1. PBSM buffer (500 ml)
    50 ml 10x PBS
    2.5 ml MgCl2 1 M
    475 ml nuclease-free water
    Store at RT
  2. Fixation buffer (8 ml)
    7 ml PBSM
    1 ml PFA 32%
    Prepare fresh
  3. Quenching buffer (10 ml)
    9.5 ml PBSM
    0.5 ml 2 M glycine
    Prepare fresh as it tends to get microorganism contaminations
    Prepare stock solutions in advance: 
    1. PBSM buffer (Recipe 1)
    2. 2 M glycine stock solution in water, filter sterilize (store at RT)
  4. Permeabilization buffer (100 ml)
    10 ml 10x PBS
    1 ml Surfact-AmpsTM X-100 10%
    89 ml nuclease-free water
    Store at RT
  5. Pre-hybridization (Pre-hyb) buffer (10 ml)
    1 ml 20x SSC
    1 ml Formamide (warm to room temperature before use)
    8 ml nuclease-free water
    Prepare fresh
  6. Hybridization buffer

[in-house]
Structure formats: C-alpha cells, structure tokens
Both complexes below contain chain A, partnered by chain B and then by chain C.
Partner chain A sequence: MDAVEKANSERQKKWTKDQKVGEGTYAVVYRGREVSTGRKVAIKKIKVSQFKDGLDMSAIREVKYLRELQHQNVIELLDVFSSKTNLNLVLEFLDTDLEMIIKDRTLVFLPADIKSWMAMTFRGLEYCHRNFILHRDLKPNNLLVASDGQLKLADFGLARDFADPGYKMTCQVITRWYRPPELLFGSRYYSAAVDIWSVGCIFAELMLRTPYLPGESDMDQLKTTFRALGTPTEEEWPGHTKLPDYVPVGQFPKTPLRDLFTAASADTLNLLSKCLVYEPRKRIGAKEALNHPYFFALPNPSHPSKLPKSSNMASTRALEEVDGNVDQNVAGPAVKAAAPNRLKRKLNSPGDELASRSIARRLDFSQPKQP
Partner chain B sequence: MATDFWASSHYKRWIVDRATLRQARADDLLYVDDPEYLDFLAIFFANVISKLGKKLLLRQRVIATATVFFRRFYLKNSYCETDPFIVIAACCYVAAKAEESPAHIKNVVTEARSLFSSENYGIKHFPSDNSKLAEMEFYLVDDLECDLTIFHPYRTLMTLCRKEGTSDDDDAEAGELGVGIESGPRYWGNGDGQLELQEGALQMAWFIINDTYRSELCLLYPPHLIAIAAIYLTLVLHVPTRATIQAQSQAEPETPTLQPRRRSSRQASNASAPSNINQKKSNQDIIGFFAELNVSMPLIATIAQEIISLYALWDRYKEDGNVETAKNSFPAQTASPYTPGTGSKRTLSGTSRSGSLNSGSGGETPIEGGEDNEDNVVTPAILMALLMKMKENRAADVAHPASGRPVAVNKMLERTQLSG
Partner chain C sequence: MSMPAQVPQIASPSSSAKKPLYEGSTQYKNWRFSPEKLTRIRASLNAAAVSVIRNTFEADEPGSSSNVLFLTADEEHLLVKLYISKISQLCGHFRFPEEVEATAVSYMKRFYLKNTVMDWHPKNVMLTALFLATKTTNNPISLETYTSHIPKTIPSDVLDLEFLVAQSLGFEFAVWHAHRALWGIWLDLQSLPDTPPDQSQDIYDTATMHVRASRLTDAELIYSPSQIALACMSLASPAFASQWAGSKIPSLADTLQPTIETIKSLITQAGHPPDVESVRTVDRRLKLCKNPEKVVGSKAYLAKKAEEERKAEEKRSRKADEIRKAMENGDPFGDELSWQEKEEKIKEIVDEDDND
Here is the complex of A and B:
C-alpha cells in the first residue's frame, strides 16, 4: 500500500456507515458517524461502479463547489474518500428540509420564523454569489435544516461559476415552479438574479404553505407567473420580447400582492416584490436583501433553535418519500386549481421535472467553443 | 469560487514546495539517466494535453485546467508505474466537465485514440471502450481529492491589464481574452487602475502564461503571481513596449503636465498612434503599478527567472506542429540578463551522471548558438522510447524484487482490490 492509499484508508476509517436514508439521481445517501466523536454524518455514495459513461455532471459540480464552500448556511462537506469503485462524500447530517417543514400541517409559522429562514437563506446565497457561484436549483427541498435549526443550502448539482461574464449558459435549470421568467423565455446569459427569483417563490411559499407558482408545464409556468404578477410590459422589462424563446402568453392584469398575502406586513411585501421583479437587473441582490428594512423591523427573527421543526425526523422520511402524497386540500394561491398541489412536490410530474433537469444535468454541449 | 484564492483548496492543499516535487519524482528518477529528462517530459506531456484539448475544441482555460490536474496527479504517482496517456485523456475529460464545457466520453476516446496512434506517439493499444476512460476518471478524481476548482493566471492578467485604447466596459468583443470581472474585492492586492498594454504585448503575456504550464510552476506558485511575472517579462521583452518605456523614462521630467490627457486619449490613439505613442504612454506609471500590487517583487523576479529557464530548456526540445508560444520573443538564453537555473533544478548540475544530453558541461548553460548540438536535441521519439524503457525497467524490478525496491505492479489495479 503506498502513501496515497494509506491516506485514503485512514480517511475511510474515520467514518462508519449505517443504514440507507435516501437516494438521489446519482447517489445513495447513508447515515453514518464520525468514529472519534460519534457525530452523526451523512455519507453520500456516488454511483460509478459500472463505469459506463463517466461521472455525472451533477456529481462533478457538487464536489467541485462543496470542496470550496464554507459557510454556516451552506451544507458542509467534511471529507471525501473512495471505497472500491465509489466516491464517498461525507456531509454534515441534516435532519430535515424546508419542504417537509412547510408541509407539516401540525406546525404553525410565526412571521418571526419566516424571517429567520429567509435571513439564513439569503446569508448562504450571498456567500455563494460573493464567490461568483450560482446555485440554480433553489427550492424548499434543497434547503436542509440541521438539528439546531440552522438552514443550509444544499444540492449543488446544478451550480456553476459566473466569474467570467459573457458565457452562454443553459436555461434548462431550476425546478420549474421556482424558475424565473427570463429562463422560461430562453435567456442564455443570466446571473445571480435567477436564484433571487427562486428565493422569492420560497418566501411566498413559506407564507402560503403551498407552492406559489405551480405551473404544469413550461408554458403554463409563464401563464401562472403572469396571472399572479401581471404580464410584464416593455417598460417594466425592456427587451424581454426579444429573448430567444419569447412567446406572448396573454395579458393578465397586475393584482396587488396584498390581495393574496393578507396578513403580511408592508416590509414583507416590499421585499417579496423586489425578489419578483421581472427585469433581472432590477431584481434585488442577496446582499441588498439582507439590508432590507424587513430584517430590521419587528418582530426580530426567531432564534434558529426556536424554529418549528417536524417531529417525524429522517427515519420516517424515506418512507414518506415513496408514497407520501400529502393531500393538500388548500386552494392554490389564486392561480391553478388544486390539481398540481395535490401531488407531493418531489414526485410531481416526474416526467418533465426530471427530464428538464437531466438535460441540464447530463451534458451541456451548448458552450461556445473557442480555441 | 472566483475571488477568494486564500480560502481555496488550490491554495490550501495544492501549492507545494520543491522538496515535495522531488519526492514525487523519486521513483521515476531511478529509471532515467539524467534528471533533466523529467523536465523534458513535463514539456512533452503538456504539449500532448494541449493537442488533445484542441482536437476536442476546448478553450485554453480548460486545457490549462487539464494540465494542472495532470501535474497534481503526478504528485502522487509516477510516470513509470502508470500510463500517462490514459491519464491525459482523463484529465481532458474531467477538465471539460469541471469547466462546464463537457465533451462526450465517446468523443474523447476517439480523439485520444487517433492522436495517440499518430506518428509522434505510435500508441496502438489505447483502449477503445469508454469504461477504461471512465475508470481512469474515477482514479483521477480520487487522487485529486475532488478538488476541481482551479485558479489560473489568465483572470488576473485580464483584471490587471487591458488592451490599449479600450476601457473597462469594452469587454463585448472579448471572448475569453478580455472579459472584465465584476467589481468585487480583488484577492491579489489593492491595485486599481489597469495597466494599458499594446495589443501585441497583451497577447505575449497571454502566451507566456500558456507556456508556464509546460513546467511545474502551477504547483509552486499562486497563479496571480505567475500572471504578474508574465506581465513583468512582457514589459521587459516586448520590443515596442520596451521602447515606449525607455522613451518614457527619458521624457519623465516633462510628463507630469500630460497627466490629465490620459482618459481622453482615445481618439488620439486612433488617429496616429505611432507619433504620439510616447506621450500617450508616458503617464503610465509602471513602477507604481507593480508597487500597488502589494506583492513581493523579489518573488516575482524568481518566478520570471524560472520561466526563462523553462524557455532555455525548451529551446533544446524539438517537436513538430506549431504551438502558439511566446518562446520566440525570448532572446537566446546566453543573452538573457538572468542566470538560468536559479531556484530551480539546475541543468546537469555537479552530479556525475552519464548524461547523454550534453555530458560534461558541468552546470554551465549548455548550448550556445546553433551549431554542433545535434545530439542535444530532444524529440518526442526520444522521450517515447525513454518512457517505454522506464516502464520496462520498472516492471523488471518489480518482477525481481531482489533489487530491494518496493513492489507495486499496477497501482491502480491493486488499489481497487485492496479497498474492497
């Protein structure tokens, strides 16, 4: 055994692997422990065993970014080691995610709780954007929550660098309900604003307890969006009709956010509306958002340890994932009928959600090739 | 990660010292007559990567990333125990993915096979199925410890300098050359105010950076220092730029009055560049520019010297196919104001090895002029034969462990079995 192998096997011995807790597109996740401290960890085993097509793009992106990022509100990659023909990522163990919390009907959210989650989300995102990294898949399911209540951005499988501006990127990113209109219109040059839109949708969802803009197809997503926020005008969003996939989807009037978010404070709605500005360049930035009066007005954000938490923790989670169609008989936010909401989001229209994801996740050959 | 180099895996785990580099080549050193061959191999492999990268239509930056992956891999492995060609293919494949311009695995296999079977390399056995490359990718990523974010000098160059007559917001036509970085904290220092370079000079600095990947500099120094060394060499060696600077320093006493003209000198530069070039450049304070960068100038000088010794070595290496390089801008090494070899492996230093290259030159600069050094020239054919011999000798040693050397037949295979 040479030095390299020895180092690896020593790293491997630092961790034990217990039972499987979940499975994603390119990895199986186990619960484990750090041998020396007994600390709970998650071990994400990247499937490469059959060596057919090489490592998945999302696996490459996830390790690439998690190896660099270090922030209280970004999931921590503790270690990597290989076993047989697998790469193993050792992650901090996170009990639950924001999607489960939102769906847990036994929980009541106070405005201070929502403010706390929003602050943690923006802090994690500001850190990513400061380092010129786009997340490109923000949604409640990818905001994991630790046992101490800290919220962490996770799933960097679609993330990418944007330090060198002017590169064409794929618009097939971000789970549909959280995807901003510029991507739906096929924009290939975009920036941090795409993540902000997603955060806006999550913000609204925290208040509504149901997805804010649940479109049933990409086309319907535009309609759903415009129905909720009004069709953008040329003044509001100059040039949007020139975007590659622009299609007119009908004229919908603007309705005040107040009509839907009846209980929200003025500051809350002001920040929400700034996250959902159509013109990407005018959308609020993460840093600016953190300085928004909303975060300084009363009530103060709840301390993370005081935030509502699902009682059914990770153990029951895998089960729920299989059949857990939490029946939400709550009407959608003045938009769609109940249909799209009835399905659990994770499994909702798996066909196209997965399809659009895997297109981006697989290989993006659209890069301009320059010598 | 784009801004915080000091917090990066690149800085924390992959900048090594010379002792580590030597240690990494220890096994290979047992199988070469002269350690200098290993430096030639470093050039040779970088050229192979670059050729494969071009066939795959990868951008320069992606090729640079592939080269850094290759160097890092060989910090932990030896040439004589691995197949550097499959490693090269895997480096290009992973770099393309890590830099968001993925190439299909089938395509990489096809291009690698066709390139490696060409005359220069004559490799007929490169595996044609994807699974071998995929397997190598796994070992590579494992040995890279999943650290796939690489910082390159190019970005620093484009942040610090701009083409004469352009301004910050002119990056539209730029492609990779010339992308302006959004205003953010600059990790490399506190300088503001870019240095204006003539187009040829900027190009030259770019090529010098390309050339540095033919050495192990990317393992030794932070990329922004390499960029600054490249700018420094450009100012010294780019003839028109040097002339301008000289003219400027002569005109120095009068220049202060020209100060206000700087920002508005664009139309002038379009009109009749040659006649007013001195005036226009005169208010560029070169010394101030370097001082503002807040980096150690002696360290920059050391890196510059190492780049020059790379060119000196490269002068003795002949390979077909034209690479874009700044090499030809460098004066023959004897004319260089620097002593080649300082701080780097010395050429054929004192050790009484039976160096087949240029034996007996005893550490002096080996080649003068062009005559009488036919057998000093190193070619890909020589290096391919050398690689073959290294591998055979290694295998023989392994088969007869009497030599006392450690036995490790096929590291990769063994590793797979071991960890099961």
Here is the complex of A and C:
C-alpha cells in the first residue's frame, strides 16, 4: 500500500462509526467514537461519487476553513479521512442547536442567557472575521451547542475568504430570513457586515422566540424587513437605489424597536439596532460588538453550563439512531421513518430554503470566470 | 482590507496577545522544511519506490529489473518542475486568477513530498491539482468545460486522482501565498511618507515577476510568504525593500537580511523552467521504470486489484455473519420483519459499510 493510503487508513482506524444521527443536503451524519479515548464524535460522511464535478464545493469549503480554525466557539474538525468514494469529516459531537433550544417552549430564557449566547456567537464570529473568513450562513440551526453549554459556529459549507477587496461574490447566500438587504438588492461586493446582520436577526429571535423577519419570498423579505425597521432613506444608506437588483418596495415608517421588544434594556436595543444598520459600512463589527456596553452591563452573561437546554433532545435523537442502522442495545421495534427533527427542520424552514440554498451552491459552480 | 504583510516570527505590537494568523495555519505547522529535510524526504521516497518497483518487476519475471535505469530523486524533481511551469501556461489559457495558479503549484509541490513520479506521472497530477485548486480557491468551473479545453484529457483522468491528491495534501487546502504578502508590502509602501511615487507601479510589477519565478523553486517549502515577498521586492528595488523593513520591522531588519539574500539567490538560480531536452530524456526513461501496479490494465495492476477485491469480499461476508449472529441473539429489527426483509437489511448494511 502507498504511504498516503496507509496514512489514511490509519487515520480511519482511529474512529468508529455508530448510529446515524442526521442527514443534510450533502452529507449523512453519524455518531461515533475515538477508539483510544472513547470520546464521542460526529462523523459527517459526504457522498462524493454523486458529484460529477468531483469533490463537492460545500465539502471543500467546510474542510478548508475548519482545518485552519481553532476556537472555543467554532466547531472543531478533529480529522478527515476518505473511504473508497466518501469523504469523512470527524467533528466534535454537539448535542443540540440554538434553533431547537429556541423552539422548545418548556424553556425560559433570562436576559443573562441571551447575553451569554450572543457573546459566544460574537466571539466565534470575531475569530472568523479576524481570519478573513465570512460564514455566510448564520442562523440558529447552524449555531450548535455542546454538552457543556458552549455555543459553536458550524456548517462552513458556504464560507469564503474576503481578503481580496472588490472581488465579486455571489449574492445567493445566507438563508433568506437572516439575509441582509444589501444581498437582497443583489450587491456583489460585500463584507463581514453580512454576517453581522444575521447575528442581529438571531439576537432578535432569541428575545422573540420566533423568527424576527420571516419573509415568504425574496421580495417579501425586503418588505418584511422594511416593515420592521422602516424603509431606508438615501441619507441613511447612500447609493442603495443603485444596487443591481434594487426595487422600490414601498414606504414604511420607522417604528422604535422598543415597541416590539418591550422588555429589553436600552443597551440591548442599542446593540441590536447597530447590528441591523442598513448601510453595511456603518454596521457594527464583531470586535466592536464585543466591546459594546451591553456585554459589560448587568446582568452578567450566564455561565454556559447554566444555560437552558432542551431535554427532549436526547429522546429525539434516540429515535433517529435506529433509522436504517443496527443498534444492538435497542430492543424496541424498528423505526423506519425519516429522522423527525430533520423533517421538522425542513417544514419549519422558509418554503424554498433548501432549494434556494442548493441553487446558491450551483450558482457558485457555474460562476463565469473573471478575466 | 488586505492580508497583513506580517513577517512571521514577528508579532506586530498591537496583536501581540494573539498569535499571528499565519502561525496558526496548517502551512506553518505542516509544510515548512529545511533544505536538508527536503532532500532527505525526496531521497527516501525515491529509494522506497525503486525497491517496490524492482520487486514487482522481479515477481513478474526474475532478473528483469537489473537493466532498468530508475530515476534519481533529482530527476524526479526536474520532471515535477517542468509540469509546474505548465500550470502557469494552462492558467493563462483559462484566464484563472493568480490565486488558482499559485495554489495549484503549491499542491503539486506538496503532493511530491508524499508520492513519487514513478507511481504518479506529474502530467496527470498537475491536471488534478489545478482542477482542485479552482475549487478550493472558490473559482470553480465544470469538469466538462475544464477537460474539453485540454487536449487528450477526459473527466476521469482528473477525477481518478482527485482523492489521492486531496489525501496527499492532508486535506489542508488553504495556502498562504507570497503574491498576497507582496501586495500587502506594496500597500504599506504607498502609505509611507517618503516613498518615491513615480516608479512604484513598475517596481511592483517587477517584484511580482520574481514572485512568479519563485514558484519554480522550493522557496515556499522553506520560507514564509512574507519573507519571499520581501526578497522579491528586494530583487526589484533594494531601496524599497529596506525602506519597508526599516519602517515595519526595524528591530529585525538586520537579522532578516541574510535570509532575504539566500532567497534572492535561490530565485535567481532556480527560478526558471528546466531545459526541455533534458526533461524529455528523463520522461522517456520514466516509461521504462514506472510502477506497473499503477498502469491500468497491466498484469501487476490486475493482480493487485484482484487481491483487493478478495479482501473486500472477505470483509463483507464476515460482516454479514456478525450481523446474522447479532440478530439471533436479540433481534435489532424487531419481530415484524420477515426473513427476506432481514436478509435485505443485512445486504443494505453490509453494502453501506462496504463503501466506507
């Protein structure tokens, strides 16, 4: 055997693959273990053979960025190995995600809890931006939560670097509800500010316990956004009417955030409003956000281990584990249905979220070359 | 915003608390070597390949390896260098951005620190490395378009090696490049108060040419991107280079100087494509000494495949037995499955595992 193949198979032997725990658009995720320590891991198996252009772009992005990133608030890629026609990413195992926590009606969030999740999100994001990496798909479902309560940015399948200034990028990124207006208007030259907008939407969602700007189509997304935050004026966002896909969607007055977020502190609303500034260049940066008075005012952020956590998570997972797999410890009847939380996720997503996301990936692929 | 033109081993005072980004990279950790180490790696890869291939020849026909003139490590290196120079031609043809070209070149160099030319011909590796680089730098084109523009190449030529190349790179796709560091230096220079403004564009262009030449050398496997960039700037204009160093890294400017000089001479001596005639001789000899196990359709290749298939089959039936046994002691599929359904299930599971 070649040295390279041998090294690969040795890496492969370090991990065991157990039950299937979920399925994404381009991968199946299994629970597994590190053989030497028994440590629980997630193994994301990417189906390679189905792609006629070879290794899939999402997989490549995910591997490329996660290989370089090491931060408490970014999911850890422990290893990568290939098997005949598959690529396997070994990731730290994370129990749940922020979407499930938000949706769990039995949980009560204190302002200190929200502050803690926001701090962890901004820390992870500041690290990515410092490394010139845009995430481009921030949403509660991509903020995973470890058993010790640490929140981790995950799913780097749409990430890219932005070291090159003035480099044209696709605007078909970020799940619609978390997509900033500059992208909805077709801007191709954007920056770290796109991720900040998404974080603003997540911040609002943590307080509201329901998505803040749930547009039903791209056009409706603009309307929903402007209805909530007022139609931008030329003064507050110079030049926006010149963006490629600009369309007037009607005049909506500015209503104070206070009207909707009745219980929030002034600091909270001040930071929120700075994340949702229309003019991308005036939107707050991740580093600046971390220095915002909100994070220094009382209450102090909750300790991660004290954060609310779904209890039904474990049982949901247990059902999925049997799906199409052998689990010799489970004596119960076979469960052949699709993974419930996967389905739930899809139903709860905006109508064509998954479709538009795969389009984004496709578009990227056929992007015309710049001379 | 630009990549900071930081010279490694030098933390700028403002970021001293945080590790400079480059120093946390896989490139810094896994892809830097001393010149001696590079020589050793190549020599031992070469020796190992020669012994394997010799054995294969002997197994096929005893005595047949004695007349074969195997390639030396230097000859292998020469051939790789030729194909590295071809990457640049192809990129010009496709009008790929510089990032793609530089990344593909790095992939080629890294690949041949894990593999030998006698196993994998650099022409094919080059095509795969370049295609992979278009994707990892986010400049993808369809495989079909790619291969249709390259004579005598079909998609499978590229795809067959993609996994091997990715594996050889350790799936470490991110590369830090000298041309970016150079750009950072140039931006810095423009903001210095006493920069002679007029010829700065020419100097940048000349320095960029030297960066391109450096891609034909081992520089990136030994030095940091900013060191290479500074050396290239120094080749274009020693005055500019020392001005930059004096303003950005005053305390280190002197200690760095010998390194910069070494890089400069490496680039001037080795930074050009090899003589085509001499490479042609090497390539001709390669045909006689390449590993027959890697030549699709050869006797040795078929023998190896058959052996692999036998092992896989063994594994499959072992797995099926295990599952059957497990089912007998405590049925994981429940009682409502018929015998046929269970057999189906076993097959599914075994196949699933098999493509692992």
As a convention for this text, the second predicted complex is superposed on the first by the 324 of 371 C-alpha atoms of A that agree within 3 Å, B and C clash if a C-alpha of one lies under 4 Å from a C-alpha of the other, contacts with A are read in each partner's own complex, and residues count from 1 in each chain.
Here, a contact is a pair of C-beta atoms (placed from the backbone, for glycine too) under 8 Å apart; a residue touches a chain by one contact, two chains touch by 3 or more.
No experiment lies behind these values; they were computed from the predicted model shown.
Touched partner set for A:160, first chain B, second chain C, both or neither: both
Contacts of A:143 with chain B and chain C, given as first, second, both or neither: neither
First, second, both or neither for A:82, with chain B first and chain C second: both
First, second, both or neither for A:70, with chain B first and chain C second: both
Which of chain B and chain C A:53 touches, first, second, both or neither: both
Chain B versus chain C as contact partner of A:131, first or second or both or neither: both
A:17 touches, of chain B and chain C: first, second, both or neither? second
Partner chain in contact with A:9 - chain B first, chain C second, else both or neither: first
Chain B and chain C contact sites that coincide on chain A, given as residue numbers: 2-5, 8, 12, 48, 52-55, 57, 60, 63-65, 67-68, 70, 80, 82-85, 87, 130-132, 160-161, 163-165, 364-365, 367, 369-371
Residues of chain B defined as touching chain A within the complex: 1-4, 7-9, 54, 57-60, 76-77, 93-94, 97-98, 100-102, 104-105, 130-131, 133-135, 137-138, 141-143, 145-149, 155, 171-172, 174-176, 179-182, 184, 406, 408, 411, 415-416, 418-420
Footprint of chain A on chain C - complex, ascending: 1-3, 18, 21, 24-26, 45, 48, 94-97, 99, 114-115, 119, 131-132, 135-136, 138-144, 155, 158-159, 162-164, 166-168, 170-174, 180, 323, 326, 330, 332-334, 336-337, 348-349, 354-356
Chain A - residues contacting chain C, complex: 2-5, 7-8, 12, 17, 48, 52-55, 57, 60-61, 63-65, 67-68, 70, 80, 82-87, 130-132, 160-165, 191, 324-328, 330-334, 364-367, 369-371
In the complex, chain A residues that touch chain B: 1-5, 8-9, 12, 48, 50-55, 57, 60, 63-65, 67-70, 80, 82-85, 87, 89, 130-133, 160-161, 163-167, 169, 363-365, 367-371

Add probes fresh to hybridization buffer. It is recommended to calibrate probe concentration when using probes for the first time (default: 250 nM or 10 ng/sample).
    Prepare stock solutions in advance:
    1) 10 mg/ml E. coli tRNA solution in nuclease-free water. Store at -20 °C.
    2) 20% Dextran sulfate in water (viscous, takes 30-60 min to dissolve completely). Store at RT.
  7. Hybridization chamber
    1. Plastic box or plastic dish (e.g., Petri dish, 15 cm tissue culture dish). The size of the chamber should accommodate all the coverslips allowing for at least a few millimeters between the coverslips
    2. Place parafilm on the bottom of the chamber. Avoid wrinkles where the coverslips will be placed
    3. (Optional) Draw a grid (each square should fit a single coverslip) and label the squares
    4. Take the cap of a 15 ml conical tube and place it at the edge of the chamber. Fill the cap with 1 ml of water or buffer (this is required to maintain humidity in the chamber)